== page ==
- The Washington Times - Sunday, July 15, 2007


Special ties with U.S. cooling, official hints

LONDON — Britain’s “special relationship” with the United States could be cooling, as a senior government official said that new Prime Minister Gordon Brown and President Bush would not be “joined at the hip.”

Mark Malloch Brown, a Foreign Office minister and former deputy secretary-general of the United Nations, said in a Daily Telegraph interview published yesterday that Britain needs a more “impartial” foreign policy.

“You need to build coalitions which are lateral, which go beyond the bilateral blinkers of the normal partners,” Mr. Malloch Brown said.

Former Prime Minister Tony Blair’s close relationship with Mr. Bush caused tension across Britain. Mr. Blair was sharply criticized for eagerly joining the U.S.-led Iraq war.

On Friday, British newspapers suggested a speech in Washington by International Development Secretary Douglas Alexander subtly critiqued Mr. Bush’s policies.


Abbas installs new government

RAMALLAH — President Mahmoud Abbas consolidated his control of the West Bank yesterday, installing an interim government of moderates to lead indefinitely.

While Israel considered ways to support the West Bank leadership, the militant Islamic Hamas — in control of the Gaza Strip — called a special session of the Palestinian parliament for today to challenge the new government.

The latest power play followed Hamas’ violent takeover of Gaza last month, which led to the dissolution of the power-sharing coalition between Hamas and Mr. Abbas’ Fatah movement.

The emergency Cabinet’s one-month term expired Friday. Mr. Abbas immediately replaced it yesterday with an indefinite interim Cabinet, to be led by Prime Minister Salem Fayyad.


Feuding factions meet outside Paris

PARIS — Lebanon’s rival parties met in a French chateau yesterday for unusual and long-awaited talks meant to ease a political and sectarian crisis threatening to rip apart their country.

The closed meetings, organized by France with U.S. and Iranian approval, were not expected to break the political deadlock between the Western-backed prime minister and the Hezbollah-led opposition, but participants applauded the talks.

The weekend gatherings at La Celle Saint Cloud, west of Paris, mark the first meeting of the 14 parties since a November conference failed to resolve the tensions. Since then, the country’s worst political crisis since the 1975-1990 civil war has only deepened.


Canadians, Afghans kill 15 Taliban

SANGSAR — Canadian troops drove Taliban insurgents into an Afghan army ambush yesterday and then called in air strikes to hit the fleeing militants, killing at least 15, the Canadian army commander said.

The Canadian troops moved in under cover of darkness through grape, poppy and marijuana fields to a suspected Taliban compound in the village of Sangsar, near Kandahar, where fugitive Taliban leader Mullah Mohammed Omar once lived and preached at the local mosque.


Debt to be forgiven in AIDS-case deal

TRIPOLI — Libyan debt dating back to the Cold War would be forgiven under a proposal to compensate families whose children were purportedly infected with AIDS by six foreign medics, a victims’ advocate said yesterday.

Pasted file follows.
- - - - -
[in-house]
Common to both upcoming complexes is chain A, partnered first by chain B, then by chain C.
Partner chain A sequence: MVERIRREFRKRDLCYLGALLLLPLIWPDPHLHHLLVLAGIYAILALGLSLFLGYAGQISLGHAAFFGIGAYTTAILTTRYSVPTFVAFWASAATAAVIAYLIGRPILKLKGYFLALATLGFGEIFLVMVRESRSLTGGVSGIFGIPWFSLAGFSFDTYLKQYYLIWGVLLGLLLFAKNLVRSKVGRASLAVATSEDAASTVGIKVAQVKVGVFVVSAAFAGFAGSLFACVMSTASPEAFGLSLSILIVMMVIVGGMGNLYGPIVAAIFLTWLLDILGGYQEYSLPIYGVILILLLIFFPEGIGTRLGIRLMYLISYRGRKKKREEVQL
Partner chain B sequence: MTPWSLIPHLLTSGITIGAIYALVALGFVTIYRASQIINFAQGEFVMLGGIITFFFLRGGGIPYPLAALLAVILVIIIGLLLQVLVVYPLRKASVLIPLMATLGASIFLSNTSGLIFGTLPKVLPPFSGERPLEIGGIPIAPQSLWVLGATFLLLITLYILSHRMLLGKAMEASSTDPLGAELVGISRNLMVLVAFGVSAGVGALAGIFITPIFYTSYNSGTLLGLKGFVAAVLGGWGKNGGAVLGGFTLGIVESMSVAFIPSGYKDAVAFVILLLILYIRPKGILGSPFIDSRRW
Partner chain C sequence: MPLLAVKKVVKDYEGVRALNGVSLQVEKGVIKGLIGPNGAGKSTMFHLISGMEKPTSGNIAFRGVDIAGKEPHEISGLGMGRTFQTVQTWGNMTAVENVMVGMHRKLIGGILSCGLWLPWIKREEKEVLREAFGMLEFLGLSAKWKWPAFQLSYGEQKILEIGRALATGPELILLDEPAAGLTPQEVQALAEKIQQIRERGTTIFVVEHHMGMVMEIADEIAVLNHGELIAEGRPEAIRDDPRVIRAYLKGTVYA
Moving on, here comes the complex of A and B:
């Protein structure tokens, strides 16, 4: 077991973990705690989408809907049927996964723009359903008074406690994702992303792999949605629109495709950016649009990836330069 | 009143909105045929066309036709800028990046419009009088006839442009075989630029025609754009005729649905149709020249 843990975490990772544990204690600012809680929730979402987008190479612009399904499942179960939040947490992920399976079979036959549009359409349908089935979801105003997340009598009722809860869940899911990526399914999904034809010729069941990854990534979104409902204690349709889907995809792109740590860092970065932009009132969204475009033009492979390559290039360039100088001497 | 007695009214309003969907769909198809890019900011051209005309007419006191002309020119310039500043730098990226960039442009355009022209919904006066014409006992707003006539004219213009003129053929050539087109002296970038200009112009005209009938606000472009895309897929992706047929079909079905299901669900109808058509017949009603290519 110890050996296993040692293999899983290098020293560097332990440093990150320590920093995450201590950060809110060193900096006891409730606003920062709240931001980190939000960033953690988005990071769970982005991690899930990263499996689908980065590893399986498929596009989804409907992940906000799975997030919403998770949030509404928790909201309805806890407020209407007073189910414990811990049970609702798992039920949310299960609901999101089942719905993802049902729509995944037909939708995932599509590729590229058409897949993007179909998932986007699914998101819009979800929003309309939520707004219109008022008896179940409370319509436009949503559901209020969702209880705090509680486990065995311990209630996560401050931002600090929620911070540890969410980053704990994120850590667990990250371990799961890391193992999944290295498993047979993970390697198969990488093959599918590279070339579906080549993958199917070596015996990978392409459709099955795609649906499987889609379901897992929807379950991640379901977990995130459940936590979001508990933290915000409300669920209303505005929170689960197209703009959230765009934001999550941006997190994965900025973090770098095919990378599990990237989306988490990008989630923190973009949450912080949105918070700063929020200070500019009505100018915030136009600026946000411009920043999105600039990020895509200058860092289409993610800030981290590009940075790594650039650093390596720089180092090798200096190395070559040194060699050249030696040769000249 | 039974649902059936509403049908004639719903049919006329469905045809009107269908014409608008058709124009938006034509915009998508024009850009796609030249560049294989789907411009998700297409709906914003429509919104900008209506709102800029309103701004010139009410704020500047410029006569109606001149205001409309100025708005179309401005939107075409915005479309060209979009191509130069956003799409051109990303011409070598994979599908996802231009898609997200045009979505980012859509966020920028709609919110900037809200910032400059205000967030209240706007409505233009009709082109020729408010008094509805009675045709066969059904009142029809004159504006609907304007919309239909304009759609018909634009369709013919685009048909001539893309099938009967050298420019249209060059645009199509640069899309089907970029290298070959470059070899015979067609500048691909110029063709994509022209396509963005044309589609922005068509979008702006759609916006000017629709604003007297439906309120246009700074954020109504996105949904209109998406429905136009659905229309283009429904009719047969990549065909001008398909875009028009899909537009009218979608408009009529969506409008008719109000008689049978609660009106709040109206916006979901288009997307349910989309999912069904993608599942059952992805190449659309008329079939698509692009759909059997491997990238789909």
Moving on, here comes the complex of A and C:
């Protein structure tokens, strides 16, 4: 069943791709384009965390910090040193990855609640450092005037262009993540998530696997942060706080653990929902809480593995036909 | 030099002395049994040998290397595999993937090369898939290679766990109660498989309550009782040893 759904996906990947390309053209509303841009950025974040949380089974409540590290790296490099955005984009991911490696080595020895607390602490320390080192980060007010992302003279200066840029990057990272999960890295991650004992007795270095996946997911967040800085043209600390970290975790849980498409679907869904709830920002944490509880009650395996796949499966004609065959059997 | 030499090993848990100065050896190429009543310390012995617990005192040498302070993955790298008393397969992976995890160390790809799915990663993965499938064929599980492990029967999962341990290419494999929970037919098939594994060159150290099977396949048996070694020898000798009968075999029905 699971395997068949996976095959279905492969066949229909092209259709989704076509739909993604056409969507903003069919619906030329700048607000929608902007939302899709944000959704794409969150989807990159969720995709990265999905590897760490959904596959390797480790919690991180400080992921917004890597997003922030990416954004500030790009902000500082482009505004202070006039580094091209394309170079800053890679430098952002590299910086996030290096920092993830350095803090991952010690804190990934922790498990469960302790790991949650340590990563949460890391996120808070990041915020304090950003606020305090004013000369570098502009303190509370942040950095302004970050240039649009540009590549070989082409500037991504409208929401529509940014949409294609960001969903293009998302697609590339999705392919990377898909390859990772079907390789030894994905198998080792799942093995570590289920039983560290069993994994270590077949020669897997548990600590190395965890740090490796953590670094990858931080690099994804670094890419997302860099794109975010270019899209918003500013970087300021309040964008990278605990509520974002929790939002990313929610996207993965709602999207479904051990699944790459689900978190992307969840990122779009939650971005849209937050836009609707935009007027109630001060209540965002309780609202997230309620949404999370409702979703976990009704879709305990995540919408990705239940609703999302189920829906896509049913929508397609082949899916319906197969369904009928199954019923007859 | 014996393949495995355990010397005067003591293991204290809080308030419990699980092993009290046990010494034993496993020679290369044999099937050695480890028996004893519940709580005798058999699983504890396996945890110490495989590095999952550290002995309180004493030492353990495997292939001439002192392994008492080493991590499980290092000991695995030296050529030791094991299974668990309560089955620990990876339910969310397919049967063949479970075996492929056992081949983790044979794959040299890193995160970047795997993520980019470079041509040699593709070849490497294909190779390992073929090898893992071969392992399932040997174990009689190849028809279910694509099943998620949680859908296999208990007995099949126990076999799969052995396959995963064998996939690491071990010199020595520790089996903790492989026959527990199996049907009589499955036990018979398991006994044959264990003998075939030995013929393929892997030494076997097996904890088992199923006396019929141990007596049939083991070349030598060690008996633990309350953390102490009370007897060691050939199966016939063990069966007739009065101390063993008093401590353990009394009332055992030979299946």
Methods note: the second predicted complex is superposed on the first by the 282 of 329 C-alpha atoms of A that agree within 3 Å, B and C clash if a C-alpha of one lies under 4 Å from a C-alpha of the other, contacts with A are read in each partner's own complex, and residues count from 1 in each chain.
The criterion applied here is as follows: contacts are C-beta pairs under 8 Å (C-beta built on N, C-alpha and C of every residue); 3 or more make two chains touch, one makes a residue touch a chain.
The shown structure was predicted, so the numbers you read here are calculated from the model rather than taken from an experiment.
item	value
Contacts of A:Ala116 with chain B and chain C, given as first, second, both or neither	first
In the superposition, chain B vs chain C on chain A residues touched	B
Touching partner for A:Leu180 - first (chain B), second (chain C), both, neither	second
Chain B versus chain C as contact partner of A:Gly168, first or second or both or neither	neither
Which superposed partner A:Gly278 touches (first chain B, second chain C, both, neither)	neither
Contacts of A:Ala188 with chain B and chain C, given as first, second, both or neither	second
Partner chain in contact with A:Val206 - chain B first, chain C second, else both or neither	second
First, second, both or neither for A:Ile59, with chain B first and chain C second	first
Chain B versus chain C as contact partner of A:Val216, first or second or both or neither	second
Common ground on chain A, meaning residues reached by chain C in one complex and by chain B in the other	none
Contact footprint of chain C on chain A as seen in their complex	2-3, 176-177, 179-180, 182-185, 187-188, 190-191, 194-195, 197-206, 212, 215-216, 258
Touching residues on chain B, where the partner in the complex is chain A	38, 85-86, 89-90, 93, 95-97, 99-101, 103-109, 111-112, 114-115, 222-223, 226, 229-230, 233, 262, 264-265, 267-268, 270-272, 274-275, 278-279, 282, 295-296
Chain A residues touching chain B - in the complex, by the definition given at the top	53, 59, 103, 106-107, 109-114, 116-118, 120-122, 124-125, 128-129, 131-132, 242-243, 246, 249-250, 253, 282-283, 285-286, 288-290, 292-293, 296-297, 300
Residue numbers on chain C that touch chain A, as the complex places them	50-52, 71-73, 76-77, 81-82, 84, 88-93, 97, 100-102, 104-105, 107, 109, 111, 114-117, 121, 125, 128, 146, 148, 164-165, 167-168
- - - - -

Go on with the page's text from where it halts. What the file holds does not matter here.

Five Bulgarian nurses and a Palestinian doctor have been sentenced to death in the case, and Libyan officials have said a settlement could pave the way for their release.

Idriss Lagha, head of the Association for the Families of HIV-Infected Children, said a settlement was being finalized involving the transfer of money to a fund through the remission of debt to Bulgaria and several other Eastern European countries.

The son of Libyan leader Moammar Gadhafi told a French newspaper yesterday that $400 million in compensation would be paid to the families.


Typhoon hits, injuring 34

TOKYO — A powerful typhoon raced up the Japanese archipelago yesterday, injuring at least 34 persons, cutting power and snarling transportation, officials and news reports said.

Typhoon Man-Yi clocked sustained wind speeds of up to 100 mph and gusts of up to 133 mph as it approached Makurazaki city on the southern tip of the southern main island of Kyushu, according to the meteorological agency.

The typhoon was moving north at 18.6 miles per hour early yesterday and was forecast to move close to Tokyo today. It wasn’t clear whether Tokyo would take a direct hit.


False plaits cost beauty queen title

LA PAZ — The winner of a Bolivian beauty contest for indigenous women was stripped of her title moments after her coronation when judges noticed she was wearing false plaits, organizers said yesterday.

The Miss Cholita Pacena pageant, held in the Andean city of La Paz late Friday, seeks to instill pride in indigenous women who choose to wear the traditional dress of wide skirt, bowler hat and long plaited hair.

But doubts over whether the winner was a genuine Cholita Pacena — the name for Indian women from La Paz — led judges to strip her of her victor’s sash and call for a rerun.


Man kills self after failing to learn Koran

LAGOS — A 25-year-old Nigerian man has killed himself by dousing himself in gasoline and lighting it after failing to learn the Koran by heart after eight years of devoted study, police said yesterday.

The man, who was not named, set himself on fire in his bedroom in the village of Mamawa in northwestern Nigeria and died in a hospital from his burns, Kebbi state police said.

Around half of Nigeria’s 135 million people are Muslims, mostly in the north of the West African country.

From wire dispatches and staff reports

Copyright © 2019 The Washington Times, LLC. Click here for reprint permission.

The Washington Times Comment Policy

The Washington Times welcomes your comments on Spot.im, our third-party provider. Please read our Comment Policy before commenting.


Click to Read More and View Comments

Click to Hide